HUNGER. See DIGESTION.
HiiNINGEN (French, Huningue), a small t. in the a of Alsace, is situated on the left bank of the Rhine, .37 us. s.s.o. of the town of Colmar. Pop. '71. 1456.
This place, still remarkable for its pisciculture, wag formerly the center of the French system. A series of buildings and artificial ponds, covering a space of 70 imperial acres, was erected in 1852-54 for the breeding and acclimatizing of foreign fish. The total cost was £10,007. The expense of carrying on the plan from 1853 to 1862 amounted to £13,887, and the annual cost after the latter year averaged about £2,000. This establishment enabled the French government during the second empire to restock many of the barren rivers of France with valuable fish. See PISCICULTURE.
HUNS (Lat. Muni,. Gr. Ounnot and Chounot), the name of a considerable nation of antiquity, which, from time to time, made incursions upon the Roman dominions, and which eventually, under Attila, the most renowned of its leaders, brought the empires of both the east and the west to the very verge of destruction.
The Huns were of Asiatic origin, and, in all probability, of the Mongolian or Tartar stock; therefore akin to, and perhaps to be identified with, the Scythians and Turks. to Be Guignes, whose theory has been accepted by Gibbon, the Huns who invaded the Roman empire were lineally descended from the Iliong nou, whose ancient seat was an extensive but barren tract of country immediately to the n. of the great wall of China. About the year 200 B.C., these people overran the Chinese empire, defeated the Chinese armies in numerous engagements, and even drove the emperor Kao-ti himself to an ignominious capitulation and treaty. During the reign of Vou-ti (141-87 u.c.), the power of the Huns was very much broken. Eventu ally, they separated into two distinct camps, one of which, amounting to about 50.000 families, went southwards, while the other endeavored to maintain itself in its original seat. This, however, it was very difficult for them to do; and eventually the most war like and enterprising went w. and n.w. in search of new homes. Of those that went n.w., a large number established themselves for a while on the banks of the Volga. Then crossing this river, they advanced into the territories of the Alani, a pastoral people dwelling between the Volga and the Don. At what period this took place is uncertain, but probably it was early in the 4th century. Time Alani, who had long dwelt in these plains, resisted the incursions of the Huns with much bravery and some effect, until at length a bloody and decisive battle was fought on the banks of the Don; in which the Alan king was slain, and his army utterly routed; the vast majority of the survivors joined the invaders.
The Huns are described as being of a dark complexion, almost black; deformed in their appearance, of uncouth gesture and 'shrill voice. "They were distinguished,"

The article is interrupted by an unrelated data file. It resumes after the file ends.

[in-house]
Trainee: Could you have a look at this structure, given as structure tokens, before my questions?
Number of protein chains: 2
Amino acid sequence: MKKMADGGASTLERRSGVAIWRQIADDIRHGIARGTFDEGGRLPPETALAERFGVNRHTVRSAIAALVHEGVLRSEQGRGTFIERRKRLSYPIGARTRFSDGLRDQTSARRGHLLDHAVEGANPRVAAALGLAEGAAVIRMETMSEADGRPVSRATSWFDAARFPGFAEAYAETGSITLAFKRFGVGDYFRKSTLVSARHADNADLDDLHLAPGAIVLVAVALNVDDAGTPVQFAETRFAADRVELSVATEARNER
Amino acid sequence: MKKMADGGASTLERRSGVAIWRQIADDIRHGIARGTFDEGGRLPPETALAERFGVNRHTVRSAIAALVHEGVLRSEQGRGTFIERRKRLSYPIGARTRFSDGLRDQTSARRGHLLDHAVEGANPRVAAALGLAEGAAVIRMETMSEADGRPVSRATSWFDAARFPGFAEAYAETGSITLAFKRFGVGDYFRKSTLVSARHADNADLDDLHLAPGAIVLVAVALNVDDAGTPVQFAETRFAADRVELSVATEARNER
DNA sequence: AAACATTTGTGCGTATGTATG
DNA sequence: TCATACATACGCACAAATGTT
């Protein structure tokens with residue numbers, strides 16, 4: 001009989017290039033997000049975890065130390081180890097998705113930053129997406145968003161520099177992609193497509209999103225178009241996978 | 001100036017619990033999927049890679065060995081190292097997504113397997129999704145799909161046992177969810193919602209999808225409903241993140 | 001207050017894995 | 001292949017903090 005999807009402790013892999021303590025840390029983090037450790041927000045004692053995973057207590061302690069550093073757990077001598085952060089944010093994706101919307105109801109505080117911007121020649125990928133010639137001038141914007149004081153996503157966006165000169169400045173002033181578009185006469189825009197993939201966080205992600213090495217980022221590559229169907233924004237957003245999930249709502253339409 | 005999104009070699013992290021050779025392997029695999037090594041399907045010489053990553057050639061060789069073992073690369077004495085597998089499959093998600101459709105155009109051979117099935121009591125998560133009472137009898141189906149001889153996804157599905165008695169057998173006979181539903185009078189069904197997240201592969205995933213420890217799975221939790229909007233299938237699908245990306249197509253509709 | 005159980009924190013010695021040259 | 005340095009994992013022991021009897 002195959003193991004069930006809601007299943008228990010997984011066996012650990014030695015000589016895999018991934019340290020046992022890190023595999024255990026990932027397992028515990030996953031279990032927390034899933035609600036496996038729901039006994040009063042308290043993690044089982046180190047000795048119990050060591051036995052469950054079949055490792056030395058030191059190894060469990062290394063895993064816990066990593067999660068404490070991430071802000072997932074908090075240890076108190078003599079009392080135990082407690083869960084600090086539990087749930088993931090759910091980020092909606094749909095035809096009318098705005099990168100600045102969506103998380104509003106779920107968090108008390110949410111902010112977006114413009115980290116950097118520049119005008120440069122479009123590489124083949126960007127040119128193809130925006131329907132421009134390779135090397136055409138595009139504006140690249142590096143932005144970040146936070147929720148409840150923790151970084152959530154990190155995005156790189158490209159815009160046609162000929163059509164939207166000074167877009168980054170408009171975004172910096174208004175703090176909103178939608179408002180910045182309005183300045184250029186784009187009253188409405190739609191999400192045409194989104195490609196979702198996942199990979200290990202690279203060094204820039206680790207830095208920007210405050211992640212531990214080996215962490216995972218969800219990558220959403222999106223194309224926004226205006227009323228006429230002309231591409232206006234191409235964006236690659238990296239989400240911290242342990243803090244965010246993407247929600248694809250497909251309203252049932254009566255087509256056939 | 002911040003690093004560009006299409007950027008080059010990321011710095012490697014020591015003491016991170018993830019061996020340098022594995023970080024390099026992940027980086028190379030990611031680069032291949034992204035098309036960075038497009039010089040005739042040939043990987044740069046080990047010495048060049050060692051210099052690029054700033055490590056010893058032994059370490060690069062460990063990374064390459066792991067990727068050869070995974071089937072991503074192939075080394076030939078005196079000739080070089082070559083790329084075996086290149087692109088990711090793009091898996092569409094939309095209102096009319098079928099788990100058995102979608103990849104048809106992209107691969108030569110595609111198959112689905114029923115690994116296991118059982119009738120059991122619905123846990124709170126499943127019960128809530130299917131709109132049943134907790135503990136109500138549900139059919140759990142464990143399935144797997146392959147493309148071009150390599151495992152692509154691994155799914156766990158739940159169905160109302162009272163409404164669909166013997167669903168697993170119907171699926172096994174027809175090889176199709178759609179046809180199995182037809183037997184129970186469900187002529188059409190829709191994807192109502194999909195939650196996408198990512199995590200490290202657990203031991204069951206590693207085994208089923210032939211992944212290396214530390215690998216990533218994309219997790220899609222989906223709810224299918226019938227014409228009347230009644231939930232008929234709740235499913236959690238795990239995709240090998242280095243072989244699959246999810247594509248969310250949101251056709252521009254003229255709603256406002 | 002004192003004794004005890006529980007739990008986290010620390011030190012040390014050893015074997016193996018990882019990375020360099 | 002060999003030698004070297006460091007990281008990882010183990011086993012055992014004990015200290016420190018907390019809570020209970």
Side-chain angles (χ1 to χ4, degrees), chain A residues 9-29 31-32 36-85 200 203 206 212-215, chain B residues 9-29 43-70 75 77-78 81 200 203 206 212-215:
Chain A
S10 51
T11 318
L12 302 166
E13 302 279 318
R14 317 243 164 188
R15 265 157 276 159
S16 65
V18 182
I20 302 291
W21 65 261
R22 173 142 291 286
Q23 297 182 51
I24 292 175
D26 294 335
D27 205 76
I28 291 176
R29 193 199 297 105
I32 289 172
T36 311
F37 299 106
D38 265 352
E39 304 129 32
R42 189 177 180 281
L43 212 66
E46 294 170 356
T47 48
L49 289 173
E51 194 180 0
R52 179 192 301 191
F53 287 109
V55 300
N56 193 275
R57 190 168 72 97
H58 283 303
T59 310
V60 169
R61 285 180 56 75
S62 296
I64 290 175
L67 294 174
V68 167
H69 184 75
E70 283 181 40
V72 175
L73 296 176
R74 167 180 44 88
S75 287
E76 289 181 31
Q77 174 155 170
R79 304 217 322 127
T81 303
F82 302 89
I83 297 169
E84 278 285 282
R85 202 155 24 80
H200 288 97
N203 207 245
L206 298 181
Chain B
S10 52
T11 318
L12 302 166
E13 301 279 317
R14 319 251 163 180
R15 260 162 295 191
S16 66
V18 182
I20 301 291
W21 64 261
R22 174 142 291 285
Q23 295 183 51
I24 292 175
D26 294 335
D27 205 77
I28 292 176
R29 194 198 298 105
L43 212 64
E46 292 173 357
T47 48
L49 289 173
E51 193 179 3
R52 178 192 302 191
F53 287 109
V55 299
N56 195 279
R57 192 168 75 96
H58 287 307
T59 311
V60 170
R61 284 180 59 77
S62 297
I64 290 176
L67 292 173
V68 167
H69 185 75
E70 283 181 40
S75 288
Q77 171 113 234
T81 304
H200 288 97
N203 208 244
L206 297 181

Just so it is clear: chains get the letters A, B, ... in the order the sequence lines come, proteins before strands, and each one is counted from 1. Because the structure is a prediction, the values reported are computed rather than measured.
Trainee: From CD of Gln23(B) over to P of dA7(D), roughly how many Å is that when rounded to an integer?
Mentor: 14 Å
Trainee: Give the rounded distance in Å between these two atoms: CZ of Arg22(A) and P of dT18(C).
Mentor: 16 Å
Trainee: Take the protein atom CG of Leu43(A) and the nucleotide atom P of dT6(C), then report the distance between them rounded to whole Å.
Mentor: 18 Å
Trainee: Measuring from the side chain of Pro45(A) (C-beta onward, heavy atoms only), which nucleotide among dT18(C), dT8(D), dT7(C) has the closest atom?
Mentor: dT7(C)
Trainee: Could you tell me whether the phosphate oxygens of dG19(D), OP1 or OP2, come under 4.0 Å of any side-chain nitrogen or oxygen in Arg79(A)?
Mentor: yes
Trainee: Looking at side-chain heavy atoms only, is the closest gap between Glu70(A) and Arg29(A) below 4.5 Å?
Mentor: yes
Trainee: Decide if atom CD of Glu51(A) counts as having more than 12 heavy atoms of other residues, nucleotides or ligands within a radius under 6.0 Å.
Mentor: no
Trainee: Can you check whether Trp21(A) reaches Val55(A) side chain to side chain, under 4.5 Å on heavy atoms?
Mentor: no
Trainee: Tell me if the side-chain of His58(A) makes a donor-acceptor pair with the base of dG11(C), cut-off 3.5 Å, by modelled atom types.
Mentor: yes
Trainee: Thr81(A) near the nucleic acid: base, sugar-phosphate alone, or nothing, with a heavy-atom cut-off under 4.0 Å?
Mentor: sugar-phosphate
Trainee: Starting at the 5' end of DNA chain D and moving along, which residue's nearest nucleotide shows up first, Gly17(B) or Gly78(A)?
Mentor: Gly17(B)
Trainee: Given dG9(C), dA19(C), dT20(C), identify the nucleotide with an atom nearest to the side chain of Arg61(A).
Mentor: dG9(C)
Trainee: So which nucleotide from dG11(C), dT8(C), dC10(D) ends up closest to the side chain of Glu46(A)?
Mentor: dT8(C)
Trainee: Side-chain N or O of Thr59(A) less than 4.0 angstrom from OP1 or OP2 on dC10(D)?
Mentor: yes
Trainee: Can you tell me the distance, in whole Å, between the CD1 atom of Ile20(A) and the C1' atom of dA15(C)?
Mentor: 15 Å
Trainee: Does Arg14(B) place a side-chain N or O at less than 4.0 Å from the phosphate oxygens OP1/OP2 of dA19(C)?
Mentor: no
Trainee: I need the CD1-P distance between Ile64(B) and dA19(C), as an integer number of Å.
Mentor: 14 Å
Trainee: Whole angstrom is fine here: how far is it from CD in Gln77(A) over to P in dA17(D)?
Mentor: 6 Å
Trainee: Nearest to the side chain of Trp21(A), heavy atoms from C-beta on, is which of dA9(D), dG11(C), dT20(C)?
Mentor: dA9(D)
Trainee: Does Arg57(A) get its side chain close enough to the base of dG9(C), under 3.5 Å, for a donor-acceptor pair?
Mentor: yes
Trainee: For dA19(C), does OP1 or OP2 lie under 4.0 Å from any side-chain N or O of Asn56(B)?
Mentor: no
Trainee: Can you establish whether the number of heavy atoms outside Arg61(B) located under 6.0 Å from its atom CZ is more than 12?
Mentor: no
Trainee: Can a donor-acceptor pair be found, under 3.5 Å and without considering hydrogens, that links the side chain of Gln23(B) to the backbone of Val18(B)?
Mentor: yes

says Gibbon, "from the rest of the human species by their broad shoulders, flat noses, and small black eyes deeply buried in the head; and as. they were almost destitute of beards, they never enjoyed either the manly graces of youth, or the venerable aspect of age. A fabulous origin was assigned worthy of their form and manners—that the witches of Scythia, who for their foul and deadly practices had been driven from society, had copulated in the desert with infernal spirits; and that the Huns were the offspring of this execrable conjunction." Such was the origin assigned to them by their enemies the Goths, whom the Huns now invaded with fire and sword. Hermanric, the aged sovereign of the Goths, whose dominions reached from the Baltic to the Euxine, roused himself to meet the invaders, but in vain. His successor, Withimir, encountered the Huns in a pitched battle, in which he was himself slain, and his countrymen utterly routed. These now threw themselves upon the protection of the emperor Valens, who in 376 gave permission to a great number of them to cross the Danube and settle in the countries on the other side as auxiliaries to the Roman arms against further invasion.. The Huns now occupied all the territories that had been abandoned by the Goths; and when these, not long afterwards, revolted against Valens, the litmus also crossed the Danube, and joined their arms to those of the Goths in hostilities against the Roman empire. In the wars that followed, the Huns were not so conspicuous as the Goths, their former enemies. Indeed, we now hear but little of the Huns during the remainder of the 4th century. It is supposed, however, that early in the following century they were joined by fresh hordes of their brethren, a circumstance which encouraged them to press onward towards further conquests. In the reign of Theodosius the younger, they had increased so considerably in power, that their sovereign Rugilas, or Roas, was paid an annual tribute to secure the Roman empire from further injury, Rugilas, dying in the year 434, was succeeded in the sovereignty of the Huns by his nephews Attila (q.v.) and Bleda. With Attila's death, however, in 454. the power of time Huns was broken in pieces. A few feeble sovereigns succeeded to him, but there was strife now everywhere among time several nations that had owned the firm sway of Attila, and the Huns especially never regained their power. Many of them took service in the armies of the Romans, and others again joined fresh hordes of invaders from the n. and e., aiding them in their repeated attacksupon the moribund Roman empire.